These days, discussing current politics with young people can be like walking a tightrope. Jessica Kehayes, Executive Director, Center for Global Education at Asia Society, shares some ideas on how best to approach these conversations.
“What is that?” Kala* asked, holding my hand as hundreds of people streamed past us. I couldn’t tell what she was pointing at, but it could have been anything—the signs of the Statue of Liberty crying, groups chanting, a man holding cardboard cutouts of Cheetos with a big X through them, small children perched on their marching parents’ shoulders watching the crowds, or police barricades and dozens of police.
“It’s a protest,” I answered. “People are protesting something the president did on Friday. It upset a lot of people, so they are here expressing their ideas.”
It was late in the afternoon on Sunday, January 29, two days after the executive order titled, “Protecting the Nation from Foreign Terrorist Entry into the United States,” had been signed, and we were in Battery Park, New York City. We had just stepped off the boat from an afternoon exploring the Statue of Liberty and Ellis Island.
It was a long planned trip between me and my 10-year-old Little Sister from the Big Brothers Big Sisters program, and the timing of the visit was unrelated to the newly announced immigration ban. Kala had seen the Statue of Liberty in a video game and had been asking for some time to see it for real. We’ve been paired together for almost exactly two years and had developed a nice bond through our monthly outings. She is a curious, kind girl who enjoys science experiments in the park, writing her own songs, and word scramble games. Kala currently wants to be a lawyer so she can “solve crimes and help people.”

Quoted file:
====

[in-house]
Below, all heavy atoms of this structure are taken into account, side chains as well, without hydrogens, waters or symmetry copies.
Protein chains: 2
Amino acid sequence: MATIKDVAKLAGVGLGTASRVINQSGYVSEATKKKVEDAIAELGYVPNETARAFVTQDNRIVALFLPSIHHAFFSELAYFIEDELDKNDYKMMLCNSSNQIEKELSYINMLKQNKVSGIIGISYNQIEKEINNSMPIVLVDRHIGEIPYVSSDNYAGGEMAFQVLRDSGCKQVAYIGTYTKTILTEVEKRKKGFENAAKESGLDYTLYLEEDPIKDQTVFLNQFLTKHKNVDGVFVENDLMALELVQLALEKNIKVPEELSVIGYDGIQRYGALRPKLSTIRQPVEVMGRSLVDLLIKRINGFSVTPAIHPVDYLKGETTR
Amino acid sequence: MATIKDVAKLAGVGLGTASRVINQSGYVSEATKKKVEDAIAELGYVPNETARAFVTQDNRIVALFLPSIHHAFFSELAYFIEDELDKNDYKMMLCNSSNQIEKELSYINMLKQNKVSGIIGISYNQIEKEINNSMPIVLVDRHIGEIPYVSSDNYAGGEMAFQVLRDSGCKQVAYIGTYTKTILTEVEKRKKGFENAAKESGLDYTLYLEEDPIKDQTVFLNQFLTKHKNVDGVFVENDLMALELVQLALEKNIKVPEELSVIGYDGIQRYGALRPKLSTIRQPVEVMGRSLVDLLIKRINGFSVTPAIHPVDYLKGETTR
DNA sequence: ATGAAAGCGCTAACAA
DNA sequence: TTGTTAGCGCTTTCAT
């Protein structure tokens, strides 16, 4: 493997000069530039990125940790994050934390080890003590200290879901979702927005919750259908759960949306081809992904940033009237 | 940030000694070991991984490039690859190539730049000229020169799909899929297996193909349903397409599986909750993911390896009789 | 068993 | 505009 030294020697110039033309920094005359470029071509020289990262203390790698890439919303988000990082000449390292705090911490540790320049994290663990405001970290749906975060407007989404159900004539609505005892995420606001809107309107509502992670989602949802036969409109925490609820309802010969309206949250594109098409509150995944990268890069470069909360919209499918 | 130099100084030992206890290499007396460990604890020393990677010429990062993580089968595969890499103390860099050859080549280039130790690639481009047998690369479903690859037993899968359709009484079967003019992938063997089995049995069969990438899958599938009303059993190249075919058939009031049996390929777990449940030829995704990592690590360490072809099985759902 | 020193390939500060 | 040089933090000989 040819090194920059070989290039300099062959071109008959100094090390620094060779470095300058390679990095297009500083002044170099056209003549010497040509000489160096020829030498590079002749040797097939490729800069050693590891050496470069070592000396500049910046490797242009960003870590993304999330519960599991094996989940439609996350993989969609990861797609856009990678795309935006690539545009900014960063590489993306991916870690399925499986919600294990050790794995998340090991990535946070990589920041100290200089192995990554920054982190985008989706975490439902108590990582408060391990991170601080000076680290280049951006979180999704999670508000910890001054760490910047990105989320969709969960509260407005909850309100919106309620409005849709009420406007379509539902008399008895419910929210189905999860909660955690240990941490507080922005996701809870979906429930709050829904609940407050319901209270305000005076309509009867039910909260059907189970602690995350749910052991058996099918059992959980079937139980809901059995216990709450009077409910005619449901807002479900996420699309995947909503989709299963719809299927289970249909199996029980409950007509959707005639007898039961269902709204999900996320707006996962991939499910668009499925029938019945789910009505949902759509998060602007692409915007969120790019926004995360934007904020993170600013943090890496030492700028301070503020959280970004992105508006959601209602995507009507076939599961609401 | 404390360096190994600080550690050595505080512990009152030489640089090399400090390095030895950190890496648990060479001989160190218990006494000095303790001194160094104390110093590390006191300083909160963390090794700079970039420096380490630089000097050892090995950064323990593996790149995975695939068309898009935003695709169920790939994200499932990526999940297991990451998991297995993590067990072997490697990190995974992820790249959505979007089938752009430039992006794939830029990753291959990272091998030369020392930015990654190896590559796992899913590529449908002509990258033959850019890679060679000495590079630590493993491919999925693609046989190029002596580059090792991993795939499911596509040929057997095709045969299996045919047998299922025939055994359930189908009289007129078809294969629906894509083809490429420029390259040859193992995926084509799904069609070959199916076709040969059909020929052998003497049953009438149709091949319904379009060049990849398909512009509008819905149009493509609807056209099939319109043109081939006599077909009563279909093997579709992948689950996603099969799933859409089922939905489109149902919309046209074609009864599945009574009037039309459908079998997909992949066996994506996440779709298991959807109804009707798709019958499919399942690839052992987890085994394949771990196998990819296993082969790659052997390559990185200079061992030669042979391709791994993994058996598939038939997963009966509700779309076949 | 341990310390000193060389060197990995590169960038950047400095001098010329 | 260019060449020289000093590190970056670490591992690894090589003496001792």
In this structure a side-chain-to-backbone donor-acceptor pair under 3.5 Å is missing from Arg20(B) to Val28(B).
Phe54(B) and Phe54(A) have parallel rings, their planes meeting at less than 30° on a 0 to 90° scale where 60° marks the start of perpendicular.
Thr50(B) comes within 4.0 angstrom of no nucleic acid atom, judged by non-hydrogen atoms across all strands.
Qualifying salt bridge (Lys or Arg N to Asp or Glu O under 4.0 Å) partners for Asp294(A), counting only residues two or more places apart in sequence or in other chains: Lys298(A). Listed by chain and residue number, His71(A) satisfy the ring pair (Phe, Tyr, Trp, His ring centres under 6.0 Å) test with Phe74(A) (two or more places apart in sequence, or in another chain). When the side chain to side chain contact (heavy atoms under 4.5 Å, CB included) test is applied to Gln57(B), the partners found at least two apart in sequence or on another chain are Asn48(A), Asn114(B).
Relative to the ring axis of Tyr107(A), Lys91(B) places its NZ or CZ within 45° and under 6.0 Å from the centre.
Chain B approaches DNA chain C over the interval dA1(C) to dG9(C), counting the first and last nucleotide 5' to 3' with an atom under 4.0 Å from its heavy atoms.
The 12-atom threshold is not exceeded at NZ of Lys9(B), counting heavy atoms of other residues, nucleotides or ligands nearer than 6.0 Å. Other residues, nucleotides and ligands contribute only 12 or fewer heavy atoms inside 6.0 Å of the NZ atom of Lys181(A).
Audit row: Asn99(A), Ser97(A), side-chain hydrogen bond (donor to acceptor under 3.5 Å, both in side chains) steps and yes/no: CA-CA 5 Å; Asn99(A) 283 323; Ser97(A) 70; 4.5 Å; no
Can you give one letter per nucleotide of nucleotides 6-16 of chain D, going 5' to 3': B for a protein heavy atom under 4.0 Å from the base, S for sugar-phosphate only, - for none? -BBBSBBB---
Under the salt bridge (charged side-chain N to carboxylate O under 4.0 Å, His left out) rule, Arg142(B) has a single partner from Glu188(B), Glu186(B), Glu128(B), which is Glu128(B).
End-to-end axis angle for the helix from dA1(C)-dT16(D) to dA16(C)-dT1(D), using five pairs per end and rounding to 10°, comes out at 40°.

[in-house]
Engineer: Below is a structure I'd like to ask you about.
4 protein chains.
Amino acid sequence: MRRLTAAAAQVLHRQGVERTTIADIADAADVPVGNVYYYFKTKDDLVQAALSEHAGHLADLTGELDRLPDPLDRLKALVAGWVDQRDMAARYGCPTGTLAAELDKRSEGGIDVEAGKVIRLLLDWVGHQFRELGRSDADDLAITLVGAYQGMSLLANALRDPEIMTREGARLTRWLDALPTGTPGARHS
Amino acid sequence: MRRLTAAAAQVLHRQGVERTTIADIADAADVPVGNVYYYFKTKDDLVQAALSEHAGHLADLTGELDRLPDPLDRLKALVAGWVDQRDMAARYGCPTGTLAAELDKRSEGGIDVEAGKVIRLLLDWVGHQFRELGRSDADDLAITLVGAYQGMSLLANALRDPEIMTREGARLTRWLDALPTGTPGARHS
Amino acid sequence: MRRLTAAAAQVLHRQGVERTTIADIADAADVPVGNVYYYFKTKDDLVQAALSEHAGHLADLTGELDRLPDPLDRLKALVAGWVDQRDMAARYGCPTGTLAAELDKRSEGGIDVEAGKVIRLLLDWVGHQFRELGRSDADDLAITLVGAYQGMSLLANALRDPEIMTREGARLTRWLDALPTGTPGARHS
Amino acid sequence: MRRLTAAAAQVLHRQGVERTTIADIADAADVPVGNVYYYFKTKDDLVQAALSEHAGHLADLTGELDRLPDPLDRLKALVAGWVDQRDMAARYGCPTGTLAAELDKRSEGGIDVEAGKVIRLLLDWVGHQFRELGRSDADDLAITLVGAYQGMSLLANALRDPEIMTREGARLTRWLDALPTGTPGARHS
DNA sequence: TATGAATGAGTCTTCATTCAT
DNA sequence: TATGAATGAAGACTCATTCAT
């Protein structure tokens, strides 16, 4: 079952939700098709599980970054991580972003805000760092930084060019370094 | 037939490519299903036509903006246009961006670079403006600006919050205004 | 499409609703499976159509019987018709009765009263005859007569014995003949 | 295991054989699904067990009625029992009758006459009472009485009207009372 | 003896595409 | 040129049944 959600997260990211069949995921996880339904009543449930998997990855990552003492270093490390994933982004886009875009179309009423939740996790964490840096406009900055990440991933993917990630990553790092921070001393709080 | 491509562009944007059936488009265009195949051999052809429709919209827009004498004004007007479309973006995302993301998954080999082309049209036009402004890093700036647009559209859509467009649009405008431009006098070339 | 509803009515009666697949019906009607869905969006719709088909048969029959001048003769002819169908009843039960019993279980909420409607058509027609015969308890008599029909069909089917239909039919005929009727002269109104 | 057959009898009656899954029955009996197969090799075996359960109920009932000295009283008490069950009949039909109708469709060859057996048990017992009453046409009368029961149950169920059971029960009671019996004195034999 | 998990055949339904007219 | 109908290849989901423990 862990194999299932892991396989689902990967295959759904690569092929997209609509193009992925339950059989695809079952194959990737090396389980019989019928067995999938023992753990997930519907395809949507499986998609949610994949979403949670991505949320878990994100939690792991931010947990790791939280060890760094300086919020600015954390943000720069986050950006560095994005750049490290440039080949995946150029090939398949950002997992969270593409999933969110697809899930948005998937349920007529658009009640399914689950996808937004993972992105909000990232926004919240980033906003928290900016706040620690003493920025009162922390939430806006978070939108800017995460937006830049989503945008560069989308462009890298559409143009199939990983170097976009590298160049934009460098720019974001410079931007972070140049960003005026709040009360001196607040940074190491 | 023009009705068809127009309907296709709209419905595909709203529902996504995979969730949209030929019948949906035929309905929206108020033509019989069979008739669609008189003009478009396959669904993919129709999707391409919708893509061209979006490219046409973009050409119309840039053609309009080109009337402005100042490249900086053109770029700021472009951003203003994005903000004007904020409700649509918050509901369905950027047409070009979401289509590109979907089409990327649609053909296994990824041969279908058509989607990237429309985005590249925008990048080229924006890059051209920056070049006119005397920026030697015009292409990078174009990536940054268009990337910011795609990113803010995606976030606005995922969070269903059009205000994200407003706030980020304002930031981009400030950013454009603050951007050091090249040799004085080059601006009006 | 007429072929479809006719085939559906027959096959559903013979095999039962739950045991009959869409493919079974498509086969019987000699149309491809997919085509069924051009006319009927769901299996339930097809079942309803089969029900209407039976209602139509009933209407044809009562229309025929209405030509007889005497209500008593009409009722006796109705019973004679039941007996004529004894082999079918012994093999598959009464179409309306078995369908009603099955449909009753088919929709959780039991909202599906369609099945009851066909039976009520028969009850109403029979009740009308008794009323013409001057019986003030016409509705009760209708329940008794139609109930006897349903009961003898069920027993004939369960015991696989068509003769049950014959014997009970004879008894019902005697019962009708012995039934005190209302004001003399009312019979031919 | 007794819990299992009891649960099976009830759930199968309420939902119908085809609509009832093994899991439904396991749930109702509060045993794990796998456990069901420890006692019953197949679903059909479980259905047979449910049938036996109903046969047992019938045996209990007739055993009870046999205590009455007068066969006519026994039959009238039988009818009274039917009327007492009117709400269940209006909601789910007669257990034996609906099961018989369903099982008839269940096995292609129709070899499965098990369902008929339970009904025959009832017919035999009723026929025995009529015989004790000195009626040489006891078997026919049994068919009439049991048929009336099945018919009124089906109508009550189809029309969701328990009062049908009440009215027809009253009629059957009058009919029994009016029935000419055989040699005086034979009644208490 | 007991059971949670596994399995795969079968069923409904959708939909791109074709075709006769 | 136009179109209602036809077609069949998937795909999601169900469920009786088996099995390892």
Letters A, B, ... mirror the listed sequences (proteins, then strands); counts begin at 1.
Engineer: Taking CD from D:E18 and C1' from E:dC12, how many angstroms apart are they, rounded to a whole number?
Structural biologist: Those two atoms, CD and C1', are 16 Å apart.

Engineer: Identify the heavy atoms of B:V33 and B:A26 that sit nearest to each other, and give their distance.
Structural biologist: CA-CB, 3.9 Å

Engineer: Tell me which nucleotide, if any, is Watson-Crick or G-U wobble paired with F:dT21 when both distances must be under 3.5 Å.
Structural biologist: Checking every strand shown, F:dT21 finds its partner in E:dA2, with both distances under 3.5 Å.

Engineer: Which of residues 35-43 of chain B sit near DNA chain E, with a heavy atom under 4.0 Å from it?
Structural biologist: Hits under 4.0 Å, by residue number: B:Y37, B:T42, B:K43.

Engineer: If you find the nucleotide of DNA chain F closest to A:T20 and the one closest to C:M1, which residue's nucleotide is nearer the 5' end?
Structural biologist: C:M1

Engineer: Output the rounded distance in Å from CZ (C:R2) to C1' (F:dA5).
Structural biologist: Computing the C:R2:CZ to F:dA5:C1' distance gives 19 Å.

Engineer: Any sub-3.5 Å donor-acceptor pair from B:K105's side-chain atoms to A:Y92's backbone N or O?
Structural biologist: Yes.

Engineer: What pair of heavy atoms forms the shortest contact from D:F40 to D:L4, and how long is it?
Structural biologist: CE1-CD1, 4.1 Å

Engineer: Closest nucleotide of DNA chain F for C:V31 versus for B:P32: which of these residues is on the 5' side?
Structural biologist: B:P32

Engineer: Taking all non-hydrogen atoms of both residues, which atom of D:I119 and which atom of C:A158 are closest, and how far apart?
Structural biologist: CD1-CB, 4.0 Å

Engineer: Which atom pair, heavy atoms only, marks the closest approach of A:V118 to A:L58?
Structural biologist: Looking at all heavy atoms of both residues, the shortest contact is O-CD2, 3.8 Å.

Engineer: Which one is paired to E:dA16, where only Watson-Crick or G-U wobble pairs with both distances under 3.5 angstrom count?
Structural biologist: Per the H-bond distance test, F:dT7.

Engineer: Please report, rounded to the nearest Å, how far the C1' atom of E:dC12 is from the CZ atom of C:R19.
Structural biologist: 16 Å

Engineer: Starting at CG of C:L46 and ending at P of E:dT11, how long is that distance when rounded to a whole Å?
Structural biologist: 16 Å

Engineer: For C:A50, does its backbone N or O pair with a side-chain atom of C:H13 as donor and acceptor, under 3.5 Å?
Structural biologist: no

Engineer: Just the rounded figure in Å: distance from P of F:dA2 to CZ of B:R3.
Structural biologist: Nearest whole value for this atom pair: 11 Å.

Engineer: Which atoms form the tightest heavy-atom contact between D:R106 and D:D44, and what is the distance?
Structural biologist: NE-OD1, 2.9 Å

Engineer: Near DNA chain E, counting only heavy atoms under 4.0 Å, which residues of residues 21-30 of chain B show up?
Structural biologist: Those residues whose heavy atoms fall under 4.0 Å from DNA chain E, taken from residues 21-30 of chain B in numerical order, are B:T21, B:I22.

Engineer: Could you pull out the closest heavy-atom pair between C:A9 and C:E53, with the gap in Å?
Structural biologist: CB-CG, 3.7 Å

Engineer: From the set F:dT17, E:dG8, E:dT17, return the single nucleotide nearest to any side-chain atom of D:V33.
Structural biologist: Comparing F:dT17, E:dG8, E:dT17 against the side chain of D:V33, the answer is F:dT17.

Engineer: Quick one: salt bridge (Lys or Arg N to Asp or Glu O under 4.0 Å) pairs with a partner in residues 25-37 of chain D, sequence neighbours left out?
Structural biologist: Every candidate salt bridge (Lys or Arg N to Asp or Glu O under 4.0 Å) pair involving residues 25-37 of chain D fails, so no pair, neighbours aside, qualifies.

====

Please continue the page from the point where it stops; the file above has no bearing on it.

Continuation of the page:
On the bus and subway ride down from the Bronx, we defined what an immigrant is, why people would move to a new and unfamiliar country and how hard that might be, talked about her class and friends who were immigrants, and discussed the Statue itself and what it represented. Once on Liberty Island, we went through the audio tour fun facts as we wound our way around and up the statute, but Ellis Island with the Registry Room was probably more impactful. She stood in the cavernous space and processed information about how immigrants were screened, checked for diseases and “feeblemindedness,” searched for family, and fought to stay here.
The stories of people being refused entry stuck with her. “Why didn’t we let them enter even if they were sick? We could help them.”
Her question was so relevant to the current national situation I considered whether to wade into the roiling debate. I didn’t know what she knew and we hadn’t talked much about the election since November. As we meandered through the registry hall and related displays, we began to unpack what was going on in her life. She taught me a bit about how best to reflect on President Trump and our national politics with young people:
1. Make it relevant